You sell yourself short, Brian! I am sure anybody can build a traditional wooden boat if they are willing to invest the time to do it correctly rather than quick and dirty. There's entirely too much immediate gratification in our world as it is. If you want to educate yourself, buy the best wooden boat you can afford, even if it is a little sailing pram. Your boat will educate you... or sink. Own a wooden boat and you must learn to work on it. If you want to learn about wooden boats, don't do it on book learning alone. Start where the rubber meets the road, or, should I say, where the wood meets the water. Hang out in the boatyards and watch and learn. Plans for building simple small boats are everywhere. Even the internet is full of them. As Pete Culler once famously said, "Experience starts when you begin." The higher up the experience food chain you begin, the better your experience will be. I suppose "getting started in boats" may have sold some magazines, but in my opinion, it didn't belong in WB. It was a waste of column inches to what I would imagine is the general readership. "How to Build a Simple Boat" publications are a dime a dozen, and books about basic seamanship more so. That series added nothing to the collective knowledge about wooden boats... nothing at all. It was nothing but a rehash of stuff you could find anywhere in basic books. It belonged in a separate publication, which obviously it will become in reprint form. There it would serve its purpose well. If somebody wants to build a plywood boat with epoxy and wire, more power to them, but when they are done, they will know little more about how to use wood to build a good boat than when they started. What's the point in that, besides having the boat to show for their efforts... which isn't all that bad, but still... what exactly did they learn?

outofthenorm
01-11-2012, 08:33 AM
I suppose "getting started in boats" may have sold some magazines, but in my opinion, it didn't belong in WB. It was a waste of column inches to what I would imagine is the general readership. "How to Build a Simple Boat" publications are a dime a dozen, and books about basic seamanship more so. That series added nothing to the collective knowledge about wooden boats... nothing at all. It was nothing but a rehash of stuff you could find anywhere in basic books. It belonged in a separate publication, which obviously it will become in reprint form.

This is a point I support. I've been reading WB every 2 months since issue #7 and what I always appreciated was the complexity of the articles, not their simplicity.

On the point of getting out a materials list, that article exists and it's a good one. It is the introduction to one of the WB plans books. I don't have them here with me, but I think it's in Thirty Wooden Boats.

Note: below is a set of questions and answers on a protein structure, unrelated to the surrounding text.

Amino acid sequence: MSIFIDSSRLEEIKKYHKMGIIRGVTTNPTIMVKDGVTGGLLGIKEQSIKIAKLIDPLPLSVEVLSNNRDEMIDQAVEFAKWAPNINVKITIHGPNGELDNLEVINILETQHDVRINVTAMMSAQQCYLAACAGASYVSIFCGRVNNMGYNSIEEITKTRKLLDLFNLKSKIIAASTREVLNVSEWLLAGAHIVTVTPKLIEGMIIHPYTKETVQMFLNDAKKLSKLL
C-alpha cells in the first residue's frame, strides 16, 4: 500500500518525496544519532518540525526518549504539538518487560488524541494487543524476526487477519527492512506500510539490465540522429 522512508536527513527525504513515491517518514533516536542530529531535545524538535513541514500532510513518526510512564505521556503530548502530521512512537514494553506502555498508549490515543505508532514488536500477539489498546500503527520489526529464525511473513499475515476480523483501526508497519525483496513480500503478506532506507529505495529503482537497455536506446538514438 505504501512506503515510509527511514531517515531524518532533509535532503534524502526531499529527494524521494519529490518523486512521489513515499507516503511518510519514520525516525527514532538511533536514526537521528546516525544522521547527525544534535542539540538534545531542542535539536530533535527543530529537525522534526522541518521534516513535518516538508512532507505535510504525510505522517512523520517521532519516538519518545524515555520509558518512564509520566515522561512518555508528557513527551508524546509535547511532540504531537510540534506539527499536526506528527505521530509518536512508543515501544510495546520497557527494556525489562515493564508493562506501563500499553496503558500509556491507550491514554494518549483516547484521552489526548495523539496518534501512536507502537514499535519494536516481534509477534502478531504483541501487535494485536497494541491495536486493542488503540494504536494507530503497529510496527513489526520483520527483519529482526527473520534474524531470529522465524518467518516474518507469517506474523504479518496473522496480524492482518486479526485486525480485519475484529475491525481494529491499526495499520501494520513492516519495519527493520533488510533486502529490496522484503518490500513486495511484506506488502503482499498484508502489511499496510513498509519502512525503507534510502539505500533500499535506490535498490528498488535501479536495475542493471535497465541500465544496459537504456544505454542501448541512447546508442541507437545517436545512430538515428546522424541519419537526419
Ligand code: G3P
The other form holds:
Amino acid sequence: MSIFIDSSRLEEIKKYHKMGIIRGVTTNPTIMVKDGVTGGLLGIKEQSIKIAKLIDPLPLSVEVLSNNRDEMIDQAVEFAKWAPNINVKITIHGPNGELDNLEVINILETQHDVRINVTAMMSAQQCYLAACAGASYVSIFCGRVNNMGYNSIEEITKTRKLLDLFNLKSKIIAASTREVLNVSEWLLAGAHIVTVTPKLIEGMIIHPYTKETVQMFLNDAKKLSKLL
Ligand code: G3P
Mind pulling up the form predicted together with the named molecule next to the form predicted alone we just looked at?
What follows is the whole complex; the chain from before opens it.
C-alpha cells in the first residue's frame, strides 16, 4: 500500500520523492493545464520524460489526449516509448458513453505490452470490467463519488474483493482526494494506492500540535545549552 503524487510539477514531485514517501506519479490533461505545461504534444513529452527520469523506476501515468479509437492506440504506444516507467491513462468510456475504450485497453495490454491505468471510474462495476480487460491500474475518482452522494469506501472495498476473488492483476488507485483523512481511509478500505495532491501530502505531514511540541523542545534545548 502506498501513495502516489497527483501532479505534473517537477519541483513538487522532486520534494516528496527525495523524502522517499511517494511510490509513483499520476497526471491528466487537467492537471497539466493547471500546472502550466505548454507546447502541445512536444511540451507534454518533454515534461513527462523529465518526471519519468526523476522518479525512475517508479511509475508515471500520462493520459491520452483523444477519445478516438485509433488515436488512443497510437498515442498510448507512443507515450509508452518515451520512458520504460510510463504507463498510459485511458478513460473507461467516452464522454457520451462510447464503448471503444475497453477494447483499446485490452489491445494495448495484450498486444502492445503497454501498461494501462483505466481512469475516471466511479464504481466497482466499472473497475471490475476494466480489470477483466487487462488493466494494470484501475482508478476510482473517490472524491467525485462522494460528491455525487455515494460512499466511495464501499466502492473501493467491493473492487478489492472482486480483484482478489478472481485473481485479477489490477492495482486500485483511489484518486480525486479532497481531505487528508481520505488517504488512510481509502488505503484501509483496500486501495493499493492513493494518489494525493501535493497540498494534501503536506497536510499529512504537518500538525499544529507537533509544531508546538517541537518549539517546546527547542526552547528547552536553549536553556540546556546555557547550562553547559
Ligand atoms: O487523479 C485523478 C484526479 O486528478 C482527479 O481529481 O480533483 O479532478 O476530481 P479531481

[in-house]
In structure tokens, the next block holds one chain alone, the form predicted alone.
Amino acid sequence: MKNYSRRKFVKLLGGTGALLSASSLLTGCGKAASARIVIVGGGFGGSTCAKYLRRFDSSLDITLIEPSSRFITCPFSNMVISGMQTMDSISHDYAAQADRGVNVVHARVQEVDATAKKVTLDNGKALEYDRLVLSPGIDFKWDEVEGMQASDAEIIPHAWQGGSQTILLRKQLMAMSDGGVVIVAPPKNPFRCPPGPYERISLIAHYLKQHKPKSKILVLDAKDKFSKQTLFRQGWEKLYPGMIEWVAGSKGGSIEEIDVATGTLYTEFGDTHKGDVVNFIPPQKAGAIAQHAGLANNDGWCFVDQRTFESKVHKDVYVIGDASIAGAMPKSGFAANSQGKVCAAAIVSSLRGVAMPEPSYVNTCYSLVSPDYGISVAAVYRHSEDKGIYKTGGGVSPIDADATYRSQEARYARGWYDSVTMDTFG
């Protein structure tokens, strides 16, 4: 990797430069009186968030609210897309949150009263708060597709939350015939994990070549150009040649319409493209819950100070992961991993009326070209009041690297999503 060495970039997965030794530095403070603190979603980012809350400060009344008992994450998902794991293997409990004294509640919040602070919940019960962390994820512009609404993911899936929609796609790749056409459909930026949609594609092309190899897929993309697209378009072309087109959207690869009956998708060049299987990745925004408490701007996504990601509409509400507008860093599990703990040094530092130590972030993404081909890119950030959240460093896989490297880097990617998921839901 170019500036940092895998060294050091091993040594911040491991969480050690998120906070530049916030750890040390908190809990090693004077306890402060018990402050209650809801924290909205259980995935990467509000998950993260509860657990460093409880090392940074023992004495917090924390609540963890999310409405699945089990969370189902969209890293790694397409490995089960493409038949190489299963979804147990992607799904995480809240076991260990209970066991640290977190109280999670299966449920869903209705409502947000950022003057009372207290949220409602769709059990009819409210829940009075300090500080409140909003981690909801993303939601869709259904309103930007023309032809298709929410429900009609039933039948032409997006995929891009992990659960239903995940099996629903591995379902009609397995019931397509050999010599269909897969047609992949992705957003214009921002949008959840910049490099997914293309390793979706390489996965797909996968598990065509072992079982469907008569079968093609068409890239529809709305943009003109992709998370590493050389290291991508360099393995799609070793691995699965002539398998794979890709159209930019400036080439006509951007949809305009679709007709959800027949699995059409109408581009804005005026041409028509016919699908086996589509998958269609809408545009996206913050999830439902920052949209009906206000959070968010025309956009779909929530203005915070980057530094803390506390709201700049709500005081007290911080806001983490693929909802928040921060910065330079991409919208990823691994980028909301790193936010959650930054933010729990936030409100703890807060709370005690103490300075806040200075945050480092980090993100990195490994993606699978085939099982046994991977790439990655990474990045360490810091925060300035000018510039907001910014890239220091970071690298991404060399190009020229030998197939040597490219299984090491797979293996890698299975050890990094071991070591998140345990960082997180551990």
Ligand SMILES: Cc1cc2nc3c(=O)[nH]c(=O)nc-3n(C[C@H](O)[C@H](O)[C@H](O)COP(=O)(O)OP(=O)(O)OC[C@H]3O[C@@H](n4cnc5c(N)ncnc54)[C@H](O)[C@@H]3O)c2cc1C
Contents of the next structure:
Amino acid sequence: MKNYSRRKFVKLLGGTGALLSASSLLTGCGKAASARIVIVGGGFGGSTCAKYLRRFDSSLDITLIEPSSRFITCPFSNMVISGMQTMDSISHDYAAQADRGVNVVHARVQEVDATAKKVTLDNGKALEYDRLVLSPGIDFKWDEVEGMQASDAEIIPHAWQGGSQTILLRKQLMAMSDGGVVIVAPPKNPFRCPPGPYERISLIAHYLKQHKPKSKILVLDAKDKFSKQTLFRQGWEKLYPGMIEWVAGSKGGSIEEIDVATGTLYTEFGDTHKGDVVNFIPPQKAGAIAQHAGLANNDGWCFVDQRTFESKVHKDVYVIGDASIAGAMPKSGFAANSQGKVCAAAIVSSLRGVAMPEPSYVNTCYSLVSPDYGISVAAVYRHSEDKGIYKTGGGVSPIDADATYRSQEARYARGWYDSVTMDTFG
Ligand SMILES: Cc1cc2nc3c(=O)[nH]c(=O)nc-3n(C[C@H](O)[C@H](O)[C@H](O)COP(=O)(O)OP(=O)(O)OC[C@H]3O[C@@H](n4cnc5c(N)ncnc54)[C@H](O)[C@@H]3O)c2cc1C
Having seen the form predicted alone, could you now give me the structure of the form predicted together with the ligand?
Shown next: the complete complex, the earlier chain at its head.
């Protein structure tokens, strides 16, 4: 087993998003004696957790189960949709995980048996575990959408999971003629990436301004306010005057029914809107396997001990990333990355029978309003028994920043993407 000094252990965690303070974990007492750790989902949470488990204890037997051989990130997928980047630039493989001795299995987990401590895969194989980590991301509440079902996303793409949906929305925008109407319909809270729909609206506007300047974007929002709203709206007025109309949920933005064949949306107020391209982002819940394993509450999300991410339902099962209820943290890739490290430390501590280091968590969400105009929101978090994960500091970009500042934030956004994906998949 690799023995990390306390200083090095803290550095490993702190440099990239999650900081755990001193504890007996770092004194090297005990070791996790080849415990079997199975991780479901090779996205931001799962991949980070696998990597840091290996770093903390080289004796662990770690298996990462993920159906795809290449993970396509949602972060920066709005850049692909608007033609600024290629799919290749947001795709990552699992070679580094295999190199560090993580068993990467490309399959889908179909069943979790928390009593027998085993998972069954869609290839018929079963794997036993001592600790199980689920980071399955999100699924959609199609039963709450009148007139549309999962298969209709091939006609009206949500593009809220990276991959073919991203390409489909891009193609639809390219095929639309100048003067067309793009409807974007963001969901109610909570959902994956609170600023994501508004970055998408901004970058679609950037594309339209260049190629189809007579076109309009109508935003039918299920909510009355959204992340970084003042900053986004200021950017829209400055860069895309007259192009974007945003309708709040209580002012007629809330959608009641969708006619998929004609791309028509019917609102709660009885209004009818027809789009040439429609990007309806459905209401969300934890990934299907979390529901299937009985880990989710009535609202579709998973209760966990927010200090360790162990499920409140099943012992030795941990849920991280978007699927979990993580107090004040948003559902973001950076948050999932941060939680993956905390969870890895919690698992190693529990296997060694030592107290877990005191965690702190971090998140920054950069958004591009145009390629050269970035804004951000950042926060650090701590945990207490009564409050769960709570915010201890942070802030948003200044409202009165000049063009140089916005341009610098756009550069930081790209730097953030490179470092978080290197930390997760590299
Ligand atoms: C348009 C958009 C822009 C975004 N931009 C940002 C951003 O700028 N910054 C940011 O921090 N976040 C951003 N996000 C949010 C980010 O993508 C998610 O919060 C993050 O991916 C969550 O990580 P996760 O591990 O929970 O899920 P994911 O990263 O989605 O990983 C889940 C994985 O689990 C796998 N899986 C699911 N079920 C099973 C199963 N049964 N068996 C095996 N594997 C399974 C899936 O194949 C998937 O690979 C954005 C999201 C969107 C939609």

- Norm

Tom Jackson
01-11-2012, 09:03 AM
I think the general idea of the "Getting Started" section was that it would give subscribers a way to pass along their passion. It was meant to be easily clipped out, and, say, passed along to a grandchild. It is true that we worry about where the next generation of wooden boatbuilders is going to come from, and Getting Started, and also the Apprentice's Workbench, were meant to work in that direction.

One time in a meeting with WoodenBoat School alumni, we got into a discussion about this subject. It seems to me that any young person interested in boatbuilding today has a great many more avenues open that I can recall from my youth. There was one: Apprenticeshop in Maine, which from the Canadian Rockies may as well have been on the moon. Boatbuilding programs have proliferated. But when I asked the alumni how many had been building boats when they were in the 20s, I think one put up his hand. 30s? maybe 2. 40s? About half of them. 50s? All of them. So I think that actually building boats is something people pick up—or maybe come back to—after they've got their careers and family lives put together. For my part, I got interested in boats when I was very young, but I was a lot older by the time I had tools, time, space, and money to go after it.

It has seemed to me for a long time that the web offers a lot of opportunity for appealing to the novice. One example might be an on-line glossary, maybe wikipedia style, that would help define terminology for newcomers without "dumbing down" the magazine.

Can anyone think of other ideas that might help in that direction?

Ian McColgin
01-11-2012, 09:46 AM
Besides materials, articles that show how to anticipate the other resourses needed - how many clamps and what sorts of saws and how many feet of shop space - would help.

As would more stories comparing the plusses and minuses of some alternative methods to common problems. For example, scarfing plywood panels. A clear appraisal of methods ranging from the stack'em-rack'em-hand plane them method that suits a one-off builder with a limited set of machine tools to the interesting jigs that work with various skill or radial arm or even table saws or with routers or planer-shapers would really help people realize that sometimes the work of setting up a labor-saving device is not worth it compared with just employing a sharp blade and a bit of norweegen steam. And sometimes it is. How to tell when investing in the more expensive sander makes sense?

outofthenorm
01-11-2012, 11:04 AM